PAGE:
Throughout Gen. 1-11 there is a theme of the progression of God’s blessing of Creation and then the hope of Redemption after the Fall and, in tension with that theme, is the other theme of danger to that hope of Redemption. From the serpent that enters the Garden and tempts Eve and God’s promise of the One who would crush his head to the murder of Abel by Cain to the birth of Seth, from the wanton sinfulness of Lamech (1) to the hope expressed by Lamech (2) that his son, Noah, would bring relief from their toil there is a tension building. Wickedness grows from Cain to Lamech to ch.6:5 “the wickedness of man was great in the earth.”

 

Compare 1:28 “Be fruitful and multiply…” with 6:1 “When man began to multiply on the face of the land…” In 6:1-7 the word “man- ha’ adam” is used 7 times (notice again the number 7) and links the story back to 5:1. the words, “face of the earth or land- ha’adama” is used in 6:1, 5, 7 and links back to 5:29. The terms “the sons of God” and “the daughters of men” also hearkens back to ch.5 with the use of “other sons and daughters”. There are more of these kinds of use of words and phrases by Moses that show he is deliberately linking portions of his narrative with each other and establishing a rhythmic flow in Hebrew that is even discernible in English, but I don’t want to go into any more detail here because this text also points forward to what is coming next.

 

Chapter 6:1-8 points us forward to the next toledoth story, 6:9-9:29. Vss.1-8 give the setting for the judgment/flood story that follows. It links Noah from 5:28-32 with 6:9ff. It presents Noah as a type of Christ with his father’s hope “this shall bring us relief” with 6:9 “Noah was a righteous man, blameless…walked with God”. In vs. 3 we have, “My Spirit shall not abide in man forever…” with 7:22 “Everything…in whose nostrils was the breath of life died” with 2:7 “and breathed into his nostrils the breath of life” and even 1:2 “And the Spirit of God was hovering over the face of the waters.”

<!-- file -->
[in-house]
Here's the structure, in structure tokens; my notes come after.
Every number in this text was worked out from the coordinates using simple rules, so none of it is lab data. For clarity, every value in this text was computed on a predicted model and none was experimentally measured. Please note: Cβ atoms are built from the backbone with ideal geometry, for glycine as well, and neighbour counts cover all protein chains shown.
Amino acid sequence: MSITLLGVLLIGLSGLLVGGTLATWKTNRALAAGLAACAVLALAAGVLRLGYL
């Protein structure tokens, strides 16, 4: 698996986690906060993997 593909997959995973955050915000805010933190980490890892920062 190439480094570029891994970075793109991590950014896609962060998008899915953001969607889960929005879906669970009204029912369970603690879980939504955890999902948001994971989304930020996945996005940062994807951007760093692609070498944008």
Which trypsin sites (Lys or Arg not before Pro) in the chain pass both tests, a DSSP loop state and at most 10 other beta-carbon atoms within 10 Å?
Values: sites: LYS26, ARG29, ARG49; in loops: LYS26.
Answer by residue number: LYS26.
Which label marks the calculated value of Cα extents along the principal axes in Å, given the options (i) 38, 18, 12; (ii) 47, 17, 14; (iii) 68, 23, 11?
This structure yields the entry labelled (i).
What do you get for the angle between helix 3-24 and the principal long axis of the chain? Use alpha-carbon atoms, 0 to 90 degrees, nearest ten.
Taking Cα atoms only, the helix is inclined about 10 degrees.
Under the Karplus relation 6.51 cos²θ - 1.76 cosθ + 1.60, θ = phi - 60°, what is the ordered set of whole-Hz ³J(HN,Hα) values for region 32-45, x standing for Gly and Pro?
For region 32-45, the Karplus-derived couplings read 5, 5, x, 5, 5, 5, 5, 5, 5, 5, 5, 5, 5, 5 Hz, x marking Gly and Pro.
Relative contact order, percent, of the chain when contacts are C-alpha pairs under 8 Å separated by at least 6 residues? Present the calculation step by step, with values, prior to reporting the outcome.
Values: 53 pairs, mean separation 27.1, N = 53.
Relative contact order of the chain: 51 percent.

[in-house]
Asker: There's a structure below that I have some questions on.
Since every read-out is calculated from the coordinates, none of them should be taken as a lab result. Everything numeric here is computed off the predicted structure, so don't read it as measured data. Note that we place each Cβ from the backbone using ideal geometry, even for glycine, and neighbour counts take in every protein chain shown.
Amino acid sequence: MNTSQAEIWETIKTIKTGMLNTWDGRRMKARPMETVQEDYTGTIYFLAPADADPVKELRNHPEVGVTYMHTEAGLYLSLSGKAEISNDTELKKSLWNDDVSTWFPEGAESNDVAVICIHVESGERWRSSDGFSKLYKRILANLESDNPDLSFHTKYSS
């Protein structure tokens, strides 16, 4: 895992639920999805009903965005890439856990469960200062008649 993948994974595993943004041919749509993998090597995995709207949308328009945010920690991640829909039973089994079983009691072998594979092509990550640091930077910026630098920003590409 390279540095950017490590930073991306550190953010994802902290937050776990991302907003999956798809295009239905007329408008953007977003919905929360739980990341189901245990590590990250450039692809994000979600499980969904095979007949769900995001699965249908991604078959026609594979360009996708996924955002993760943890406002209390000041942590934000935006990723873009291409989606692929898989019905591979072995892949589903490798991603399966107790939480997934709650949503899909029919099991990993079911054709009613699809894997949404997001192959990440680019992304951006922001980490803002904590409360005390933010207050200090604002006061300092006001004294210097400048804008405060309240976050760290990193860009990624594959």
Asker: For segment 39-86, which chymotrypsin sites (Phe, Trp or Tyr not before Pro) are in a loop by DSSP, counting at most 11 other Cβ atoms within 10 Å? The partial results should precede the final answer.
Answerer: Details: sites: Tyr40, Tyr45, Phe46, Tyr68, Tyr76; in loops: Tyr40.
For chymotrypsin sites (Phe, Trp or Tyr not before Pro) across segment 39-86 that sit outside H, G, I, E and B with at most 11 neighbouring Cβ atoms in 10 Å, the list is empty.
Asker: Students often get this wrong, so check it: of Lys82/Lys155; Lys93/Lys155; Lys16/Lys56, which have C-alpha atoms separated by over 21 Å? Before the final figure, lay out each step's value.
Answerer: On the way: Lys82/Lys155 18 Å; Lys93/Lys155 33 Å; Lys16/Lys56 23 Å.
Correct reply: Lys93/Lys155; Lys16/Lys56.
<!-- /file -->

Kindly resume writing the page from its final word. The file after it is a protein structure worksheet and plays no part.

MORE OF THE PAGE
Our text also shows a continuity with the idea of man crossing over the boundaries that God has set linking with 3:11 “Have you eaten of the tree of which I commanded you not to eat?” with 11:4-9 and the story of the Tower of Babel. It is the story of the progression of sin and the consequential judgment of God. Do you get the idea that Moses is a master wordsmith and God’s inspired Word is a beautiful piece of literature!

 

 

II.                Introduction to the Text

A.     It is clear from the context that Moses is implying that something about the marriages between the Sons of God and the daughters of men is contributing to the general wickedness of man on the earth and is linked to the judgment flood. But knowing exactly what Moses was thinking here has proven difficult to interpreters through the centuries. There are three main ways to interpret the text and we shall look at the evidence for each of the interpretations and seek to draw an application from each one.

B.     Vs.1 “When man began to multiply”- although man is evidently fulfilling the creation mandate to be fruitful and multiply, because of the fallen condition of man, you get a multiplication of sin as well. As man spreads throughout the world, so does sin. As the cities are built and population density rises in some locations, sin is concentrated. It is ironic that the rise of cities is the definition of the rise of civilization but along with the advances that cities bring, there is a corresponding rise in sin, violence, greed, lust, etc.

C.     Many of the Liberal scholars point to this text as a classic example of how the Bible is full of myths. In Moses’ day the Canaanites used a similar term, “sons of God” to describe the council of lesser deities who met with El, their chief god. The gods of the Canaanites, Sumerians, Greeks and Romans all were known to have sexual relations with beautiful human women. The offspring of these unions were the demigods, the heroes like Achilles, Odysseus, Hercules, etc. were either the direct descendants of gods with humans or the grandchildren of such unions.